A central plaza is flanked by ancient, colonnaded passageways and vast, hexagonal water towers that have been dry for centuries. In days of old, this would have been the parade ground for both Spanish and American garrisons. The true scale of this vast arena can only be really appreciated from the next level up.

On the upper level, the ancient ramparts loom like serried ranks of jagged, stony molars against a petrol blue sky. Far below, the surging ocean rollers that once carried British and Dutch invaders ashore now flail endlessly against the beaches and rocks far below. At intervals, a series of small, one man archery (later musket) posts stand frozen in time, offering views far out over the ocean. Many an initial alarm was sounded from one of these petrified stone perches that stand frozen in time.

One of the indoor tunnels

One of the indoor tunnels

It is all too easy to see the serried ranks of gaping, open mouthed cannon spewing smoke, flame and steel death across the sea. A stack of frozen, long since silent cannon balls stands in a pile here, arrayed as it once might have been in battle order. Lovers now stroll the long, grassy ramparts below where supply trains and walking wounded would once have made their way in and out of the fortress.

Back inside, long, steep tunnels hewn into the rock provided cover for moving troops and supplies safely throughout San Cristobal. They are every bit as eerie and evocative as they must have been even back then. For the beleagured Spanish troops under bombardment from the sea, these claustrophobic warrens must have seemed like mouse traps.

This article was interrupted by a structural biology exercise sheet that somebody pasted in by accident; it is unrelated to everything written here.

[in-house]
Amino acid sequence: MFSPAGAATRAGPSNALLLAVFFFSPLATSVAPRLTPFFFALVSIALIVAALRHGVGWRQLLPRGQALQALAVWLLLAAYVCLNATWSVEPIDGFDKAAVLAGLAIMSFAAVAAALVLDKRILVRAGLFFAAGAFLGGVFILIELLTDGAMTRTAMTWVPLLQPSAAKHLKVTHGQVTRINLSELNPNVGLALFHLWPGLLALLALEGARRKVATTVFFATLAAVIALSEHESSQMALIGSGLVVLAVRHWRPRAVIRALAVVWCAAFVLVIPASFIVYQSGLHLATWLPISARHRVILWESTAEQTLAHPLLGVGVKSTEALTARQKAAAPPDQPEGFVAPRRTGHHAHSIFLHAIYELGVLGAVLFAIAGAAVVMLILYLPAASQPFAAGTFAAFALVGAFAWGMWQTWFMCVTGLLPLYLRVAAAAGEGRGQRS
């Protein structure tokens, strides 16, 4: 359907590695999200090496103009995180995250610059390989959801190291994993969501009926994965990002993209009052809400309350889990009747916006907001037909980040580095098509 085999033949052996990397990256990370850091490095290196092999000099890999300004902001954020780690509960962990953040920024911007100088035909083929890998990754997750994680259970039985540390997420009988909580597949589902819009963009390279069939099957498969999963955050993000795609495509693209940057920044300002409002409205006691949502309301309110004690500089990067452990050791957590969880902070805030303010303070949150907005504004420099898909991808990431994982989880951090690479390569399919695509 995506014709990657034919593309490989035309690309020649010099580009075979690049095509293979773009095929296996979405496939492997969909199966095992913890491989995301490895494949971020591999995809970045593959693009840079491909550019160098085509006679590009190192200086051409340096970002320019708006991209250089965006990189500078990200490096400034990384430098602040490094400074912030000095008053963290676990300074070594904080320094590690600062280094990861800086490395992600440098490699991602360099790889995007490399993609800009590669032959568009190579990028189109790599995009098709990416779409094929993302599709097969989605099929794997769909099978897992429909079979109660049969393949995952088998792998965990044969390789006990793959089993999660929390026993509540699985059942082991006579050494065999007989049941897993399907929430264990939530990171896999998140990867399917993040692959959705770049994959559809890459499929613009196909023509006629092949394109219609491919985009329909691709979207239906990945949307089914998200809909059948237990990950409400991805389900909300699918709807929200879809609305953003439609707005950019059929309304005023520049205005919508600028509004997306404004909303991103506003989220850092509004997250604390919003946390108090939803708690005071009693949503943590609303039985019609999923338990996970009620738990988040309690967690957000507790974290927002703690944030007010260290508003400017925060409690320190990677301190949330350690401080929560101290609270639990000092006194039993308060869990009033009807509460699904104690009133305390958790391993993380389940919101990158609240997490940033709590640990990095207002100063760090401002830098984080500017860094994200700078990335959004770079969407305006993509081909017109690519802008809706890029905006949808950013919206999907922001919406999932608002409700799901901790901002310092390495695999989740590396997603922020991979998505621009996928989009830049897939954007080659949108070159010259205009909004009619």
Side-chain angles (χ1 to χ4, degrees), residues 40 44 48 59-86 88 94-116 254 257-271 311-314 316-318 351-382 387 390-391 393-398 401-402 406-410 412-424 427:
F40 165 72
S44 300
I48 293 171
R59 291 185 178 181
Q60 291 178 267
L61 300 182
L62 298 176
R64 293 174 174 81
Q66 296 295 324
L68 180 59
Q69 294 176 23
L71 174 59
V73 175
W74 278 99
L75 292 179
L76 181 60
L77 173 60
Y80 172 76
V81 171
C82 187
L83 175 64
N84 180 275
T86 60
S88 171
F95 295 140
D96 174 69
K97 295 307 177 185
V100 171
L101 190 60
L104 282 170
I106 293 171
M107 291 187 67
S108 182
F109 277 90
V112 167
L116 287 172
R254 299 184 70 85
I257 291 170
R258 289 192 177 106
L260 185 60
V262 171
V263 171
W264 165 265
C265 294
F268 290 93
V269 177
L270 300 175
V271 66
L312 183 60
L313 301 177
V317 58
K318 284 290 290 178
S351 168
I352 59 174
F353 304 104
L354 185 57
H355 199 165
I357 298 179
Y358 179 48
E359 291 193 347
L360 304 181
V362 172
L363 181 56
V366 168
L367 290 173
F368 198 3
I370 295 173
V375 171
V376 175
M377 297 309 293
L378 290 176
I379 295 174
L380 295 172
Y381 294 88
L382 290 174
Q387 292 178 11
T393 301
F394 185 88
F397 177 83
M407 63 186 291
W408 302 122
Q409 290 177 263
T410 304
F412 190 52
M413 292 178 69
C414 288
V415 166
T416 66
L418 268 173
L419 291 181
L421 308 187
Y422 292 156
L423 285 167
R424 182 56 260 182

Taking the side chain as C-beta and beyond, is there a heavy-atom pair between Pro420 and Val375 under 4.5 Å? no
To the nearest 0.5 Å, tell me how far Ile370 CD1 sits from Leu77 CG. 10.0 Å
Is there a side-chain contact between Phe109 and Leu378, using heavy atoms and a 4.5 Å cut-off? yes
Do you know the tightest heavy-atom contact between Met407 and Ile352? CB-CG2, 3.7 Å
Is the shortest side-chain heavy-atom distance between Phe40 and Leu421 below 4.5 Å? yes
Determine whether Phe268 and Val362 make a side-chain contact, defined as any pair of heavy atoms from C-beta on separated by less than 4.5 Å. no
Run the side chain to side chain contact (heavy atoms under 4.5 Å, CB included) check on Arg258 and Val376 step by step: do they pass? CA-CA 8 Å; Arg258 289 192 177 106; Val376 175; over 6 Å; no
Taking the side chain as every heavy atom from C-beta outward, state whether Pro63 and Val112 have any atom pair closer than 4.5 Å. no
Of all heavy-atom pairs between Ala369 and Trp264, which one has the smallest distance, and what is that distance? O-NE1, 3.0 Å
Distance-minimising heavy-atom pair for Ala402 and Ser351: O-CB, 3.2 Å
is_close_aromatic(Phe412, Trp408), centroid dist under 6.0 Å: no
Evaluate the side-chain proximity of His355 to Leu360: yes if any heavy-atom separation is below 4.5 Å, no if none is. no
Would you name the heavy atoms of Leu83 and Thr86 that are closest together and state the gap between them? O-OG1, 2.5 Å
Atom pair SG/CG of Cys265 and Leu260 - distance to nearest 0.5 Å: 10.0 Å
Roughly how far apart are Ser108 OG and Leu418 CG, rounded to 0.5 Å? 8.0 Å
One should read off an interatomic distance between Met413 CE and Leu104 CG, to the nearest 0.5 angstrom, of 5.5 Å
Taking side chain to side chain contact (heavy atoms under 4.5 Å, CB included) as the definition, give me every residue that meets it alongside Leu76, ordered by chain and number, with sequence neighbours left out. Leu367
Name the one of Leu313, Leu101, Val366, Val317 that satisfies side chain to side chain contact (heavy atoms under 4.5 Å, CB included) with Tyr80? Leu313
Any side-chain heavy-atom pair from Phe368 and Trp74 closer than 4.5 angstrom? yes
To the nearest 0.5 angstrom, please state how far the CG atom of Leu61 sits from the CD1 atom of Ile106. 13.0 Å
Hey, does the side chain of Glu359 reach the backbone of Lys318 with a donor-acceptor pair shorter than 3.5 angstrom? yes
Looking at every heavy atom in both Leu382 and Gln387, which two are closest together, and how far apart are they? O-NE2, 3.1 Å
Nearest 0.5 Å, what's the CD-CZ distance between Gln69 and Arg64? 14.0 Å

There are small, gaunt dungeons that were the last living abodes of many captured pirates; some of them carved initials and even emblems into the pitiless stone walls that were the antechamber to the gallows. Stark and silent, the very stones seem to be soaked in lore, grief and sheer, uncontrollable terror.

The scope and scale of San Cristobal is as grand, ageless and arrogant as that of the mentality that conceived it.  A magnificent piece of engineering by any standards, it was intended to cement and maintain the iron grip of the occupying Spaniards on an island that they rightly saw as a vital link in a chain, designed to protect their pillaged conquests from both Atlantic and Pacific coasts.